At the Cambridge Community Foundation, we strive to uphold Cambridge as a beacon of cultural richness. We envision a city where diverse communities spark spiritual, social, and artistic exploration; where innovation thrives; and where connections between residents are deepened across neighborhoods, cultures, and backgrounds.
We believe that supporting the arts and culture in Cambridge will ensure that the unique character of our city continues to flourish and evolve. Paramount to this goal is galvanizing younger generations to contribute to the vibrant theater and film scenes, street art, and music that make the city a wonderful place to live and work.
Three of our nonprofit partners — Cambridge Community Television, the Loop Lab, and the Community Art Center — are doing just that.
Cambridge Community Television’s Youth Media Program
Cambridge Community Television (CCTV) nurtures a strong, equitable, and diverse community. CCTV provides tools and training to foster free speech, civic engagement, and creative expression while connecting people to collaboratively produce media that is responsive, relevant, and effective in a fast-changing technological environment.
With a Summer Media Institute and a School Year Production Program, CCTV’s Youth Media Program allows young people in Cambridge to work as paid media artists, building vital career skills.
“The Youth Media Program primarily serves young people from under-resourced populations who are constantly bombarded by media that contain messages and assumptions about who they are and where they come from,” said Xia Rondeau, the youth & immersive media coordinator at CCTV. “Young people know the power of media, and here they are able to harness it.”
Catalyzed by the Cambridge Community Foundation: With a $15,000 grant in Spring 2019, CCTV’s Youth Media Program used virtual reality to combat climate change. Students created 360º films illustrating the impact of climate change on various communities in and around Boston.
“Through this exploration, with the generous support of the Cambridge Community Foundation, CCTV was able to implement new and emerging technologies into our youth programming, facilitating personal connections with the devastating impact of climate change and the superheroes who are addressing it,” Rondeau said.
“Our participants walked away knowing that they had produced a 360º movie, while also making a difference in their world,” Rondeau said.
Each of the students’ projects was screened for an audience of 100+ people at the Cambridge Public Library and continues to be shared on CCTV’s online channels.
The Loop Lab is a nonprofit social enterprise specializing in media arts internships for youth and digital storytelling. Its mission is to empower young people of color in the media arts to develop careers in audio/video through employment training and job placement. The organization is committed to fighting inequality and racism through digital storytelling.
“Youth empowerment is about giving young adults tools to be self-sufficient and effective as they transition into adulthood. The Loop Lab addresses workforce development skills – audio video editing, video capturing – but also how to budget money, build communication skills, how to start a project and how to finish it,” said Chris Hope, executive director at the Loop Lab.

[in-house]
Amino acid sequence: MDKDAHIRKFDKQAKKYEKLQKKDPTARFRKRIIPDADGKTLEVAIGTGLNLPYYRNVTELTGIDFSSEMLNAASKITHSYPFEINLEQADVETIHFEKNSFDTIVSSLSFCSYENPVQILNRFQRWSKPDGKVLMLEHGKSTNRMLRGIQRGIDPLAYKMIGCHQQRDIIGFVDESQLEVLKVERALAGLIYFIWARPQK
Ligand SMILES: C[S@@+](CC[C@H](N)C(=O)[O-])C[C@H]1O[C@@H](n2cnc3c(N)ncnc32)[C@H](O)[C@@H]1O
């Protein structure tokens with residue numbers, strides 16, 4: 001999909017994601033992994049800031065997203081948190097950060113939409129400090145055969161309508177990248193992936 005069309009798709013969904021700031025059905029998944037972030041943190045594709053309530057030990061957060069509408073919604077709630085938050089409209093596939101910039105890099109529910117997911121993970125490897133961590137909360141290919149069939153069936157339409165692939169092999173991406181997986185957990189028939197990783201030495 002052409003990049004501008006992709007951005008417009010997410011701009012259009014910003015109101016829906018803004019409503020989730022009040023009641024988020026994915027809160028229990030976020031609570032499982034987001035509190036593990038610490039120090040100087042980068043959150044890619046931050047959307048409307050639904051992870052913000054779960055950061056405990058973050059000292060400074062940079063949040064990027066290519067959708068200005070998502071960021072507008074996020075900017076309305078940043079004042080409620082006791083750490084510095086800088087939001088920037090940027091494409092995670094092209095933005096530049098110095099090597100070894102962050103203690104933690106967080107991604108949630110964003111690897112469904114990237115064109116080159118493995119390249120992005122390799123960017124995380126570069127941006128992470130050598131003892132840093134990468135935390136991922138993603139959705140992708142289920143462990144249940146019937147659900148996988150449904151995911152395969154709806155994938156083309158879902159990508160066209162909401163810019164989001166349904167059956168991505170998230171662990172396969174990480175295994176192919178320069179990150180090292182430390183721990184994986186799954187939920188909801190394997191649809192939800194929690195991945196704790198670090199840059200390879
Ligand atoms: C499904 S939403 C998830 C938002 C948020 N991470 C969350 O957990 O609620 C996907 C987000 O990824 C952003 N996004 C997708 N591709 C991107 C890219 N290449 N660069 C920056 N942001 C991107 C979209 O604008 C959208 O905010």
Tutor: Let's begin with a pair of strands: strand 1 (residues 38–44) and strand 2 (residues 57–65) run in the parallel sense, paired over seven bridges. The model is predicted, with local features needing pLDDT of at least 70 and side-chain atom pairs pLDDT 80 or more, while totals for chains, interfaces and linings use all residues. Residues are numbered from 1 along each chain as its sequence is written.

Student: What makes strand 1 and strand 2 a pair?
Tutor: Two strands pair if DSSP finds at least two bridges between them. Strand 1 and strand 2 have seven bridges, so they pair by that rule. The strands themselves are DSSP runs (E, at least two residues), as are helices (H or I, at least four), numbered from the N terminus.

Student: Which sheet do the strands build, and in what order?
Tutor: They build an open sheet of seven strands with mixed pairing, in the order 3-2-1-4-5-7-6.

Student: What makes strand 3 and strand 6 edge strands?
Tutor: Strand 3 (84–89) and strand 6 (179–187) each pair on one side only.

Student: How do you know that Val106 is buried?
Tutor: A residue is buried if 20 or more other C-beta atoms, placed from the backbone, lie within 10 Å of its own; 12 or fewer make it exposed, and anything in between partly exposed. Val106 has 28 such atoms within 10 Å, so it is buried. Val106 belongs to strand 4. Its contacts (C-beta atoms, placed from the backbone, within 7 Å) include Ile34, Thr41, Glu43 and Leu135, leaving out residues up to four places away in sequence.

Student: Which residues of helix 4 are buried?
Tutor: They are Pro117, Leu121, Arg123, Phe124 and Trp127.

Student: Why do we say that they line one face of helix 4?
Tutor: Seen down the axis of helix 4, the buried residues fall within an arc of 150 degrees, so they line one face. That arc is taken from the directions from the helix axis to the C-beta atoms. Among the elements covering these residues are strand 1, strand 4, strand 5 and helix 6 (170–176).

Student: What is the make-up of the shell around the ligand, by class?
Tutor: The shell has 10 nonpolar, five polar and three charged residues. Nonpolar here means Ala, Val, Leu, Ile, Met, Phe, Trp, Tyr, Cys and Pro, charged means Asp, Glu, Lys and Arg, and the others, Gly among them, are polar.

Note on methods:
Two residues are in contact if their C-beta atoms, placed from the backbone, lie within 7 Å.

“Our motto is workforce development equals human development,” Hope said.
Catalyzed by the Cambridge Community Foundation: A grant of $10,000 in Fall 2019 helps The Loop Lab to prepare young adults for work in the digital economy. These contributions are vital to The Loop Lab’s sponsorship of students in six months of technical skills training, 19 weeks of in-class training, and 200 hours in an internship with a local organization.
“We’re ensuring our instructors have what they need to provide high-quality instruction for our students, and that students have what they need to be full human beings and learn,” Hope said.
Founded in 1937, the Community Art Center is a neighborhood institution committed to cultivating an engaged community of youth in developing singular artistic voices that can transform their lives, their neighborhoods, and their worlds.
“Our cause is not just art…Art doesn’t exist in a vacuum. Our cause is justice. Our cause is people. Our cause is families. Our cause is Cambridge,” said Eryn Johnson, the Art Center’s executive director.
The Community Art Center’s programming illustrates the power of art for youth in our community. Through its Public Art Program, for example, one teen and thousands more people see her artwork on a public mural in Cambridge, every day. In the young artist’s own words: “I didn’t imagine I could do something like that. But when I saw it, I was like, ‘Damn. That’s really me.’”
Catalyzed by the Cambridge Community Foundation: The Art Center has been a Foundation nonprofit partner since 1977. With a $13,500 grant in Fall 2019, the Art Center received general operating expenses and for its Creative Careers Pipeline Initiative, which started as a pilot program last summer.
As of December 2019, teens and young adults can now learn about arts entrepreneurship by participating in weekly sessions hosted on Wednesdays and Saturdays. Allentza Michel, the Art Center’s creative careers consultant, is designing and facilitating content for each of these sessions to help young people create their own arts business.
“The young people are learning a combination of skills in addition to the artistic of digital photography,” said Michel. “These skills include critical thinking, leadership, public speaking, and business development. Our goal is that this mix of learning and engagement will enable the youth to have an early start in growing social business acumen.”
Learn about the other nonprofits we support in arts and culture, youth empowerment, and much more here.